Articles Tagged with government fraud whistleblowers’ law firm

nicolas-thomas-546101-unsplash-copy-300x200Many people have heard of whistleblowers on the nightly news, or perhaps in movies or on television dramas. However, they may not know exactly what a whistleblower is. Maybe they have never even heard of the term ‘qui tam’ before. So, what exactly is a whistleblower, and why would such a person ever file a lawsuit? Do whistleblowers have any protection while blowing the whistle, and do they receive any compensation for it?

These are just some of the most common questions surrounding whistleblower lawsuits, and the answers to them are below.

What Does ‘Qui Tam’ Mean?

In_the_crosshairs-300x200This February, a federal district judge from the Southern District of New York, part of the Second Circuit Court of Appeals, determined a whistleblower who voluntarily dismissed his False Claims Act (FCA) case against L-3 Communications EOTech Inc. in 2014 could not share in a settlement later reached between L-3 Communications and the federal government in 2015. While this ruling may not be law across the U.S., it is an important opinion for potential qui tam plaintiffs to consider since other federal judges would likely come to the same conclusions. Ultimately, whistleblowers will need to see the entire case through to benefit from a settlement or judgment in the government’s favor.

The L-3 Communications Case

The whistleblower against L-3 Communications was a quality control engineer for the company from May to June 2013. In August 2013, he stated that the company sold defective holographic firearm sights to the American military and law enforcement agencies. The sights were supposed to work in temperatures from negative 40 degrees to 140 degrees Fahrenheit and with humidity. However, they were allegedly defective because they were inaccurate in extreme hot and cold temperatures and humid conditions.

It is no secret that, as a whistleblower’s law firm, we are big fans of the False Claims Act (“FCA” or “the Act”).  The Act holds liable any person/entity that presents a false or fraudulent claim for payment to the federal government (or an agency thereof) and/or create false records to that end.  In essence, it forbids overcharging the government for goods or services or charging for goods/services that are never delivered.  The Act’s qui tam provision is particularly powerful since it enables private individuals to bring suits on the government’s behalf.  This is key because it is often private parties, rather than the government itself, who are aware of these fraudulent schemes.  Recent trends show that the legislature and the courts are committed to working with whistleblowers and, more generally, to using the False Claims Act as a powerful tool to battle health care fraud and other forms of fraud on the U.S. government.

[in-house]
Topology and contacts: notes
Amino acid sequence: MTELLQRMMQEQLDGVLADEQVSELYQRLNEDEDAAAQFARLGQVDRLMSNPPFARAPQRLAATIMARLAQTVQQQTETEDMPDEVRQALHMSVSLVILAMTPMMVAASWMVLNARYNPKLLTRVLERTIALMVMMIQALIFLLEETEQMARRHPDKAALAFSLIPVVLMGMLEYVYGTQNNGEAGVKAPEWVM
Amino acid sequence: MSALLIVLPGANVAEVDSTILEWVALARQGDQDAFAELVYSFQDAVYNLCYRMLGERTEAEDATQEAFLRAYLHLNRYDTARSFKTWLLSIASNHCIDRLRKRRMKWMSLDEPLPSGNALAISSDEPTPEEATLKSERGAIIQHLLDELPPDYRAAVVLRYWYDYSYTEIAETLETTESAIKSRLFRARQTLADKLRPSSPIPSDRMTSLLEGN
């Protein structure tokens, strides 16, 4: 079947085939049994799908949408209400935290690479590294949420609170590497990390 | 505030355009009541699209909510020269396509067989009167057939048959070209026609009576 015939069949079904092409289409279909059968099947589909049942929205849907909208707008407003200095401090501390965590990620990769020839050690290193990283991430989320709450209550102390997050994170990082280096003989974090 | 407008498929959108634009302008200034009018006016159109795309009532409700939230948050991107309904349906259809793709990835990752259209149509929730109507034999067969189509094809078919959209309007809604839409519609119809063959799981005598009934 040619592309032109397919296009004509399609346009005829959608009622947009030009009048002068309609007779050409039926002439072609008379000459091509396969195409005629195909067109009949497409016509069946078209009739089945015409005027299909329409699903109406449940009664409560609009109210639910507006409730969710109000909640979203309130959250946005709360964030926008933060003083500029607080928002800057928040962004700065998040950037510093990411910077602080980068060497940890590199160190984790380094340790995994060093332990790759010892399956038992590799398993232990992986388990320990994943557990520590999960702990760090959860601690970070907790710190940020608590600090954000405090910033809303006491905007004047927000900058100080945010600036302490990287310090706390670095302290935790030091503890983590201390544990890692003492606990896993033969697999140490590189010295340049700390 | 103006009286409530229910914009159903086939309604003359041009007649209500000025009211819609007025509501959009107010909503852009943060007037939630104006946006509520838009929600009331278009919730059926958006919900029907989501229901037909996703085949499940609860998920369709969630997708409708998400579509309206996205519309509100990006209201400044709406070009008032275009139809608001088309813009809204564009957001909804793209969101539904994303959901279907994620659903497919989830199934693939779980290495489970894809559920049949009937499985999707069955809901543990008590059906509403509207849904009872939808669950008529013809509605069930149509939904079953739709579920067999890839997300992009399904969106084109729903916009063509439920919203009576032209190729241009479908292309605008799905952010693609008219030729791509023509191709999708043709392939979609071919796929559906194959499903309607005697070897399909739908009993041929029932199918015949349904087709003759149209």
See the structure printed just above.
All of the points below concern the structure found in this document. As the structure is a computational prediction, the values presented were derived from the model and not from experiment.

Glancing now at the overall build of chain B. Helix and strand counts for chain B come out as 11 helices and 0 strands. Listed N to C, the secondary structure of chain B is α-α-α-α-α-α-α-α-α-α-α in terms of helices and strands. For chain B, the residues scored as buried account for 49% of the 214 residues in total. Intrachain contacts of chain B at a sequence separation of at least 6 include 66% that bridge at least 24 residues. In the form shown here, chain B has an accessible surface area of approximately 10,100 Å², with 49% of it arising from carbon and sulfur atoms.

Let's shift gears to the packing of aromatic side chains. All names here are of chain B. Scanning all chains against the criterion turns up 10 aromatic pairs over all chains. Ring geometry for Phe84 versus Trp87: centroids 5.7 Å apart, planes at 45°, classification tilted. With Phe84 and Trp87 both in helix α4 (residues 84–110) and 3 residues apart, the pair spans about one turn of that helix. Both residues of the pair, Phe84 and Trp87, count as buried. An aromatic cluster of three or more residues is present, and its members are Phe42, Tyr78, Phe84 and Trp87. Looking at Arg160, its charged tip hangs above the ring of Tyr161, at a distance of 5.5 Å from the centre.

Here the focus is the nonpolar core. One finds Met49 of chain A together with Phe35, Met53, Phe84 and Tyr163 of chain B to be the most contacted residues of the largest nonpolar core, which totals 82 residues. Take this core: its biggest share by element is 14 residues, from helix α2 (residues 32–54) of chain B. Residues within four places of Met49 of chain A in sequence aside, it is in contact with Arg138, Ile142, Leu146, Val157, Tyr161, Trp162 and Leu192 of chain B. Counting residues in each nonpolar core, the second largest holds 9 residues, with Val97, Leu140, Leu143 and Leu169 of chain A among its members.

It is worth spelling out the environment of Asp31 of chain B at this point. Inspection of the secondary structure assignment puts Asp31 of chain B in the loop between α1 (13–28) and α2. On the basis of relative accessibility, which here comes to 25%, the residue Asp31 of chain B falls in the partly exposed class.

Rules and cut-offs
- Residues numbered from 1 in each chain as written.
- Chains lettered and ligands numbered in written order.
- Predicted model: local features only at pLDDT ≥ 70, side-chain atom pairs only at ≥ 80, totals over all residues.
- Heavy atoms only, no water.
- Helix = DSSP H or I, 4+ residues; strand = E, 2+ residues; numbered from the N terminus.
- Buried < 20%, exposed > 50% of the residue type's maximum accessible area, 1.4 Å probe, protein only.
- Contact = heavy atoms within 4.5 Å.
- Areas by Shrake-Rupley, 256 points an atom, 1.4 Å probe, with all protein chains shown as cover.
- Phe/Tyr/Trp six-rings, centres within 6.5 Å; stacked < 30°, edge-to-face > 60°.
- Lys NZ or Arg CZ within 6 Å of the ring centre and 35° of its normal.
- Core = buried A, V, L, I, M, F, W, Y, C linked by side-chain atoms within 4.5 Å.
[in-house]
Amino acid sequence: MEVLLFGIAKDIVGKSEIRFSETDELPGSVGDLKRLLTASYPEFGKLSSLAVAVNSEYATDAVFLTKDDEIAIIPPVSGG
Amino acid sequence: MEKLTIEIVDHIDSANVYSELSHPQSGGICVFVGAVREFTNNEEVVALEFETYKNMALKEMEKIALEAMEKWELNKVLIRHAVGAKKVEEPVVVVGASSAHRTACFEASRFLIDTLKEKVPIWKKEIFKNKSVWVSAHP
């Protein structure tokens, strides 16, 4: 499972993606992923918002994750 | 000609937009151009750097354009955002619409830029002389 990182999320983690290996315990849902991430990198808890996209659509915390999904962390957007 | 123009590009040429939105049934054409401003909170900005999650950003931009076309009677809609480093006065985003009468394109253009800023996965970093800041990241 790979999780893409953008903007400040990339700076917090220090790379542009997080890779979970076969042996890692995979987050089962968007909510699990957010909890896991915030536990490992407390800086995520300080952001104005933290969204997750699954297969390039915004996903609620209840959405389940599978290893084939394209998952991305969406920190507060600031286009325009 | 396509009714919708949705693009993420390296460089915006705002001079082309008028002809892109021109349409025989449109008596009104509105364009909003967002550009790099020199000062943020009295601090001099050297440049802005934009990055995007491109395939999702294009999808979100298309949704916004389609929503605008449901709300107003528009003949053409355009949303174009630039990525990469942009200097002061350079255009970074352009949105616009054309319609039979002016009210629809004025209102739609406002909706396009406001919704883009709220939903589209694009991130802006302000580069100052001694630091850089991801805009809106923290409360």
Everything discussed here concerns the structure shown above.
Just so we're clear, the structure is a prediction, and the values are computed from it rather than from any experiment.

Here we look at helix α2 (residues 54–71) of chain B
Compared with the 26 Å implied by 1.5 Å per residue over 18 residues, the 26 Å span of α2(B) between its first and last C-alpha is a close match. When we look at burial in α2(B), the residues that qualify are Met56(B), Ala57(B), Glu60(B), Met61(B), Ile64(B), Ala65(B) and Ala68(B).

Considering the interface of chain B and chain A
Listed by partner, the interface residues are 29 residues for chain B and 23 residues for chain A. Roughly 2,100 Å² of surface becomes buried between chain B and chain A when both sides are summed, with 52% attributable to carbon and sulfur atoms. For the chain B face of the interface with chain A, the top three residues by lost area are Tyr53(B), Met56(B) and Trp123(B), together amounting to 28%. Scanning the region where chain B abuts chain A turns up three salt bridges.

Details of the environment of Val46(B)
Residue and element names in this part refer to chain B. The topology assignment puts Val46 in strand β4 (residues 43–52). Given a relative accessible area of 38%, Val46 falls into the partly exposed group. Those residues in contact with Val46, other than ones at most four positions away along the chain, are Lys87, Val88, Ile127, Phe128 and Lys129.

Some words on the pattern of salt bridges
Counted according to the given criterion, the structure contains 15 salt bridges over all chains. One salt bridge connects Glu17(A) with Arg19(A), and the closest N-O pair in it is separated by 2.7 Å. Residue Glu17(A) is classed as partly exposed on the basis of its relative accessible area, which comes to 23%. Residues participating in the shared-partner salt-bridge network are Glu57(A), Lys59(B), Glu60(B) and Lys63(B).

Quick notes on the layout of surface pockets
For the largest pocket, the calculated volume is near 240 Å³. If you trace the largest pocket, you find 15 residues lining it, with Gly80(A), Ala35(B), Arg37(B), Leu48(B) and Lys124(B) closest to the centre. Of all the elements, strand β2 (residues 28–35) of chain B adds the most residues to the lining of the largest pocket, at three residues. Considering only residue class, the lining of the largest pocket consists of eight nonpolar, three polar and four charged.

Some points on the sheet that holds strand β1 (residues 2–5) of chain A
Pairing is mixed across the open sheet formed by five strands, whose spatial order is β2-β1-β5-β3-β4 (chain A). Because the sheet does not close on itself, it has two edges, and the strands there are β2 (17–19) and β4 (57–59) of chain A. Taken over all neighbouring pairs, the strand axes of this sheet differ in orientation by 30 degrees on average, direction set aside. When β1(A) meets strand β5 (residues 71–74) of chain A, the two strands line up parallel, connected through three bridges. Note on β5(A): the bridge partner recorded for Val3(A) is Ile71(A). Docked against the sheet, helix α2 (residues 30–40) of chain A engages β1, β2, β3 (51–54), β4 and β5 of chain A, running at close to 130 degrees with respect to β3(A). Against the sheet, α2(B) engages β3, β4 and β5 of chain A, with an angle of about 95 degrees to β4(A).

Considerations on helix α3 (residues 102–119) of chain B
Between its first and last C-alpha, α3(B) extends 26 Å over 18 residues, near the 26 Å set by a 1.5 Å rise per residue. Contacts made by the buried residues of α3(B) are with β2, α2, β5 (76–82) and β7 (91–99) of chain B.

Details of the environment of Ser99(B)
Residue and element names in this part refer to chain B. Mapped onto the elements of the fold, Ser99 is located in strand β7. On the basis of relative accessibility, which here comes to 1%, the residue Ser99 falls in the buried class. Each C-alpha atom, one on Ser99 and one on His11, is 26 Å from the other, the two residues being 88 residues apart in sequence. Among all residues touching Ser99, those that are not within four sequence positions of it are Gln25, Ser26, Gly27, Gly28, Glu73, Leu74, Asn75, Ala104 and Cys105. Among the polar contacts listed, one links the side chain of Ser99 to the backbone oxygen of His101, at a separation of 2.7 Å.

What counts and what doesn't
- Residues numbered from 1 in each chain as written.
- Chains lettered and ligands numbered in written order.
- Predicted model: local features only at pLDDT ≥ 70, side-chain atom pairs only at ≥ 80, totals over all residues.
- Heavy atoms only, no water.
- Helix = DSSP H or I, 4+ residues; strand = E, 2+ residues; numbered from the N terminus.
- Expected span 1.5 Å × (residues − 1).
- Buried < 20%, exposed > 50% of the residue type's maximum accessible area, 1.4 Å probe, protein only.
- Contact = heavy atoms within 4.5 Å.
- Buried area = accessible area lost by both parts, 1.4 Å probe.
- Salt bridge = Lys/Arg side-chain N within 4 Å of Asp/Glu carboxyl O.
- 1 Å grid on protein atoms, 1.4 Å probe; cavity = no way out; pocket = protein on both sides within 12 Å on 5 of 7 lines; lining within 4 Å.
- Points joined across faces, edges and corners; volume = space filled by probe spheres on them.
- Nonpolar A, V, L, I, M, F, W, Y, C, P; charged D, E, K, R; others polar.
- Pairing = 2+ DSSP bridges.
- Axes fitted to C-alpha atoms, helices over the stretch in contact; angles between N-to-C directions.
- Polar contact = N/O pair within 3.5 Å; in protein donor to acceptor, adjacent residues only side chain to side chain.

DOJ Nearly Doubles Per Claim False Claims Act Penalties

As Becker’s Hospital Review, a healthcare industry journal, reported last month, the Department of Justice (“DOJ”) recently published an interim final rule substantially increasing the monetary penalty for violations of the FCA.  Previously, penalties ranged from $5,500 to $11,000 per claim.  The new penalties neacash2rly double the old ones and range from $10,781 to $21,563.  These increased penalties took effect on August 1 and only apply to violations occurring after November 2, 2015.  The increase was made pursuant to the Bipartisan Budget Act of 2015 which required agencies to increase FCA penalties and authorized rulemaking to implement a “catch up adjustment” to account for inflation.  The DOJ is just one of the agencies updating penalties (the Railroad Retirement Board was the first), but it is certainly among the most impactful.

It’s no secret that as a government fraud militarywhistleblowers’ law firm, we are big fans of the False Claims Act (“FCA”).  The FCA is a valuable tool that gives ordinary citizens the power to help fight back against frauds perpetrated on the federal government. While we often write about health care fraud matters, one of the most important things to know about the FCA is that it can apply to frauds involving a wide-range of subject matters.  In these complex times, the FCA’s power is especially critical for fighting instances of defense contractor fraud.

Government Files Suit Alleging Defense Contractor Committed Fraud in Conjunction with Contract to Train Iraqi Civilian Police Forces

Last week, the Department of Justice (“DOJ”) issued a press release announcing that it had filed suit against DynCorp International Inc. (“DynCorp”), a government contractor headquartered in Northern Virginia, for allegedly submitting inflated claims for payment pursuant to a State Department contract.  In 2004, the State Department awarded DynCorp a contract to train civilian police forces in Iraq and provide other services related to that effort.  The government alleges that DynCorp knowingly permitted one of its main subcontractors to charge “excessive and unsubstantiated rates” for lodging, security, driving, and other services and that DynCorp included those charges in the claims for payment it submitted to the State Department.  Additionally, the DOJ alleges that DynCorp added a markup to these already excessive charges that further inflated the amount charged.